We have a lot of specialists. More than most not as many as some but it includes a couple of geneticists. We’d met one of our first ones with Gage, when he was around 20 months old.
That was some appointment.
He walked into the room holding several books. Was it four? Six? I don’t remember, but I remember that they were thick. I do remember that it was a lot for the size of him. I’m not sure I remember how he greeted us or if he was engaging with Gage, who was sitting on my lap but I do remember how scared I felt about the appointment.
Scared he would tell us something awful about our baby. My Gage, who wasn’t walking, talking or doing anything remotely on time or so the baby books stated while I read them during quiet nights.
We’d had Gage’s blood drawn days prior, based on the requirement of making the appointment. They were looking for anything mutant that might explain the ocular motor apraxia (OMA). Gage had already had an MRI and was in 7+ therapy appointments a week to address delays. We’d been referred to the geneticist by the neurologist who insisted 2 months earlier we run, not walk to the nearest therapy center, which we also did.
The Nutty Professor, as we referred to the doctor that day and ever since looked Gage over but good. He measured his limbs and trunk, tested him on a few toddler tricks, checked over his fingers and toes for the web lengths between them. He measured the length between his eyes and his ears and measured where his ears sat on his head. He pulled his lips up to look at his gums, then down. He asked us every question you can ask about interrelated marriage, disease in the family, any hunches you had about family members as far back as you can remember and your parents and grandparents ever talked about over the years.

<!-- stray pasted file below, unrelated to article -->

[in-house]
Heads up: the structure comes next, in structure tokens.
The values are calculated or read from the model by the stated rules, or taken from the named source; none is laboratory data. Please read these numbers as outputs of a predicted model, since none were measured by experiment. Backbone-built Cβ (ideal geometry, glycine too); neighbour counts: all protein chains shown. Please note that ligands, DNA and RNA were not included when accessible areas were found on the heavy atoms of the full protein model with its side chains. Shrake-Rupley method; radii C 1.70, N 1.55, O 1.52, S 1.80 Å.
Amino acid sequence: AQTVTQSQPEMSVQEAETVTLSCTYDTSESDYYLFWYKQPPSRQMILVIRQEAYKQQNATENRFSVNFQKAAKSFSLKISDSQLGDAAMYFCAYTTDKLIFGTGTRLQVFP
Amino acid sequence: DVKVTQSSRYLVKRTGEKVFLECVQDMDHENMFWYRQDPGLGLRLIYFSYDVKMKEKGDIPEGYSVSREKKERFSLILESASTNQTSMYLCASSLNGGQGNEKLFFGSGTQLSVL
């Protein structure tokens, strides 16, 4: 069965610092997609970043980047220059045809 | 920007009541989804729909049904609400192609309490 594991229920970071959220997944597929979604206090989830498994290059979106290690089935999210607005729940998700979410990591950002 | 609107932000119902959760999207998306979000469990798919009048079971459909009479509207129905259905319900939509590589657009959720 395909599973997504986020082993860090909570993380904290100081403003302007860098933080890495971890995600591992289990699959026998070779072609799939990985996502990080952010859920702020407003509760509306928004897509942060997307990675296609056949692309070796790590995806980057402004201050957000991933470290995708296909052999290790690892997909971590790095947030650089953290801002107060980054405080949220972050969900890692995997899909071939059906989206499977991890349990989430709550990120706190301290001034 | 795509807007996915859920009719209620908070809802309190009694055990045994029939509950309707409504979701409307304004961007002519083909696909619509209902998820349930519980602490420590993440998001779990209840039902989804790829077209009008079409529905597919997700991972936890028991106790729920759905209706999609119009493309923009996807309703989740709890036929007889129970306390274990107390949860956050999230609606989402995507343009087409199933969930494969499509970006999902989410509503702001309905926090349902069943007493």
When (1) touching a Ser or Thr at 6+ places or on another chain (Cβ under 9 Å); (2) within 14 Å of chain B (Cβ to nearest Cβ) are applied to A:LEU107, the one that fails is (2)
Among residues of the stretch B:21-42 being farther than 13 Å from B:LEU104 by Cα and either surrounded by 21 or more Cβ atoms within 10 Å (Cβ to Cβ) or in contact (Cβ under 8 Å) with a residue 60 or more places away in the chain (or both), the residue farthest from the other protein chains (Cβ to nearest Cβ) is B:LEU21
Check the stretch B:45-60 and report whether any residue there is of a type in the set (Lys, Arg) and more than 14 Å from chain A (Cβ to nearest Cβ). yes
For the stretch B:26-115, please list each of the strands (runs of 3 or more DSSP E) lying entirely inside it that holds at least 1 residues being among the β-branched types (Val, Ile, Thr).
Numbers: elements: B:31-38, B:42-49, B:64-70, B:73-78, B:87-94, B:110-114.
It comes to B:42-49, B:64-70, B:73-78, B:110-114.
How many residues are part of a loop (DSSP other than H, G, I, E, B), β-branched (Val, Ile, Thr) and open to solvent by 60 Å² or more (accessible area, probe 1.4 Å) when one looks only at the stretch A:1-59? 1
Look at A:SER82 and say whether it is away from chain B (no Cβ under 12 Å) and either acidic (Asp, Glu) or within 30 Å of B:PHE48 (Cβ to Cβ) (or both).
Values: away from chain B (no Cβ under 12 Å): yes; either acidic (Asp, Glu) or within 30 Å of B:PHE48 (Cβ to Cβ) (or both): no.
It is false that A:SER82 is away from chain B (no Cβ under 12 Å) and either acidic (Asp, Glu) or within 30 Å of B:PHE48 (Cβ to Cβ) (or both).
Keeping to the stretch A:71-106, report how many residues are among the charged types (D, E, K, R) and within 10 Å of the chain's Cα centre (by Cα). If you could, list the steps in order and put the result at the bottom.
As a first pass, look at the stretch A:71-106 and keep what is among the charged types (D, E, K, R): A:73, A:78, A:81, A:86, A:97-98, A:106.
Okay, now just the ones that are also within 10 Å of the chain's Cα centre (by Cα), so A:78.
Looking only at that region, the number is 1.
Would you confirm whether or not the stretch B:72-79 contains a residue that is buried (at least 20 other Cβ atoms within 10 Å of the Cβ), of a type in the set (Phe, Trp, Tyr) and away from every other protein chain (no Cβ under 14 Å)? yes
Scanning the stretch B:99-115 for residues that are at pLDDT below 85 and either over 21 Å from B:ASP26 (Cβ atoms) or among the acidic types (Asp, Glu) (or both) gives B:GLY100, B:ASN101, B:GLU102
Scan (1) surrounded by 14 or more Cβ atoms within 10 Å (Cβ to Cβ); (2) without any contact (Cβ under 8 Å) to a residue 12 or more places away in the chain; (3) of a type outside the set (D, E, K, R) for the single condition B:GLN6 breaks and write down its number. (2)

And then it hit me. This doctor was only involved in our lives to tell us what was “wrong” with Gage. His job, his entire existence on that day, was to look for things that couldn’t be explained by the lay person, by the person just looking at our blond boy with the incredible smile.
He checked out the OMA for himself and said that he couldn’t be sure there wasn’t more issues to uncover as Gage aged (understatement of that year). He wasn’t sure genetically where the mutant gene was – because it didn’t show up on the first pass – and they might not be able to if they dig deeper into the DNA.
We decided to stop. No more testing with that doctor. We didn’t know in the next few weeks I’d become pregnant with a girl whose body held another secret in addition to the OMA. Quinnlin’s birth and diagnosis would baffle the best scientists. Our kids would become those kids who had a syndrome not yet seen by doctors at the National Institute of Health (NIH) and we would enter the world of studies and discoveries to be shared in medical journals and findings presented at conferences by NIH doctors.
The discoveries have delighted researchers but they haven’t mattered much to us since we learned that knowing wouldn’t change course of what they had or treatment. One day, a couple of years later than our first meeting with The Nutty Professor, I just let trying to know what was “wrong” and how and why go and it simply didn’t matter anymore.
That was a really good day.
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